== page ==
The **process of elimination** is a handy tool that can help give you the edge on the multiple choice sections of the AP Calculus AB or BC exam. In this article, we’ll see how the technique can be used effectively.

## What is the Process of Elimination?

Suppose you’re working on a difficult multiple choice question. No matter what you try, you just can’t seem to crack this one. Or maybe there’s a method that you *know* would work but would be way too time-consuming.

You still might be able to increase your odds of getting a correct answer by *process of elimination*!

Without elimination, pure guessing gives you a correct answer in 1 out of every 4 questions, or 25% of the time. Once you start eliminating wrong answers, your odds go up.

Number of answers eliminated | Chance of guessing correct |
---|---|

0 | 25% |

1 | 33.3% |

2 | 50% |

3 | 100% |

We’ll talk about a few techniques for getting rid of wrong answers. Keep in mind though, this process works differently in mathematics than in other subjects like history, reading, or biology.

### Getting Rid of Obviously Incorrect Answers

In high school history your teacher may have tried to lighten the mood on a test by including answers that could not possibly be correct. For example,

Where is Cairo located?

- A. Egypt
- B. Turkey
- C. Libya
- D. The Moon

Choice A is correct, and choices B and C are at least in the same general area. But choice D is clearly just a joke and should not be chosen, even as a guess.

Unfortunately, there will never be these kinds of joke answers on the AP Calculus exam.

Instead, what makes a mathematical answer “obviously” incorrect is often much more subtle.

Let’s look at two examples below.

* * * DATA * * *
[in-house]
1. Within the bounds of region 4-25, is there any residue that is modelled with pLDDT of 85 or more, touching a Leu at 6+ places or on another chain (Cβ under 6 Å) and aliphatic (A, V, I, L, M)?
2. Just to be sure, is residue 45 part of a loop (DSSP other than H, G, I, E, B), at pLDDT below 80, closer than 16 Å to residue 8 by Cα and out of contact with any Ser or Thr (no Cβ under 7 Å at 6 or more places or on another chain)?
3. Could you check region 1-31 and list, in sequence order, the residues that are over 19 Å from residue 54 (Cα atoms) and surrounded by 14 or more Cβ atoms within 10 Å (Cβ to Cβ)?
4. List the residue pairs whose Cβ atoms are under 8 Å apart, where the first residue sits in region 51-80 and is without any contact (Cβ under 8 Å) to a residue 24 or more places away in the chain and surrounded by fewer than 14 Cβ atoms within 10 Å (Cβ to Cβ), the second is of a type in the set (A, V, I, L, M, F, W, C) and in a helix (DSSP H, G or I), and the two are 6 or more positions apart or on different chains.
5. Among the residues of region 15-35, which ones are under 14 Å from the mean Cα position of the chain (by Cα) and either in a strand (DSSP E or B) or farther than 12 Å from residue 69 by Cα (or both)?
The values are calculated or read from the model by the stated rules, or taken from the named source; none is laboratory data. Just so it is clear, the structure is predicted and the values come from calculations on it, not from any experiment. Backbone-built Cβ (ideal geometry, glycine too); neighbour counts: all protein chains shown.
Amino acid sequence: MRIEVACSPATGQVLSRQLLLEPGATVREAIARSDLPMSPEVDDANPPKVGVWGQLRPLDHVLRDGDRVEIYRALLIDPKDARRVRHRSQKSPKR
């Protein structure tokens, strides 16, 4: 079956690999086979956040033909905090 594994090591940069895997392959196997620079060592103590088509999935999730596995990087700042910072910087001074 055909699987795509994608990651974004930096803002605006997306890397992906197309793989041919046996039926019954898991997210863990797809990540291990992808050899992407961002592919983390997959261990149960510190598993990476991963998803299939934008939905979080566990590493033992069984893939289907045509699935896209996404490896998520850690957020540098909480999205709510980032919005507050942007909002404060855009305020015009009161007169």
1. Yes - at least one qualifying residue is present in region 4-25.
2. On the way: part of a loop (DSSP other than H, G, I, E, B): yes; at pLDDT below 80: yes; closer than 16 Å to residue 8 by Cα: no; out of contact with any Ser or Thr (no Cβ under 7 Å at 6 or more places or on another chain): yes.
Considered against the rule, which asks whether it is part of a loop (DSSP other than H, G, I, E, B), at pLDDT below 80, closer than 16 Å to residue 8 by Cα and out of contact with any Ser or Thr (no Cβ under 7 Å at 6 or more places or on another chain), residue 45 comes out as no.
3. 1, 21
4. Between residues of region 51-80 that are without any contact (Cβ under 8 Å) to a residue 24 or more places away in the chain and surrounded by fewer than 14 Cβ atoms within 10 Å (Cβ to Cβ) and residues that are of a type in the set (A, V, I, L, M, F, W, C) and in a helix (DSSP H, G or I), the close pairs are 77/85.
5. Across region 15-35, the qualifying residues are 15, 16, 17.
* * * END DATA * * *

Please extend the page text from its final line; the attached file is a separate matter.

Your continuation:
#### Example 1 – Read the Problem Carefully

The function 4

x^{3}– 8x^{2}+ 1 on the interval [-1, 1] has an absolute minimum atx=

- A. -11
- B. -1
- C. 0
- D. 4/3

Suppose you have no idea how to find an absolute minimum. But notice that the question has two specific clues that allow you to eliminate two choices right away. The question asks for an *x*-value, and the given interval (of *x*-values) is [-1, 1]. Therefore, scratch both A. -11 and D. 4/3 off the list.

Now your probability jumps to 1 out of 2, or 50% for correctly guessing a correct answer.

(By the way, the correct answer is B. -1, however if you’re not careful you might incorrectly choose -11 because *f*(-1) = -11. We’ll discuss more about *common student mistakes* below.)

#### Example 2 – Know Your Theorems

If

csatisfies the conclusion of the Mean Value Theorem for derivatives forf(x) = 2sinxon the interval [0, π], thenccould be

- A. 0
- B. π/2
- C. π
- D. There is no value of
*c*on [0, π]

I know it’s extremely tempting to choose D. However answer choice D is the first one that I would eliminate! Here’s why.

According to the Mean Value Theorem (MVT), as long as a function is *continuous* on the closed interval [*a*, *b*] and *differentiable* on the open interval (*a*, *b*), then there ** must be** a value

*c*satisfying the conclusion of the MVT.

We know that *f*(*x*) = 2sin *x* is continuous on all real numbers, so certainly the function is continuous on [0, π].

Furthermore, *f* ‘(*x*) = 2cos *x* exists for all real numbers.

So in particular, *f* is differentiable on (0, π).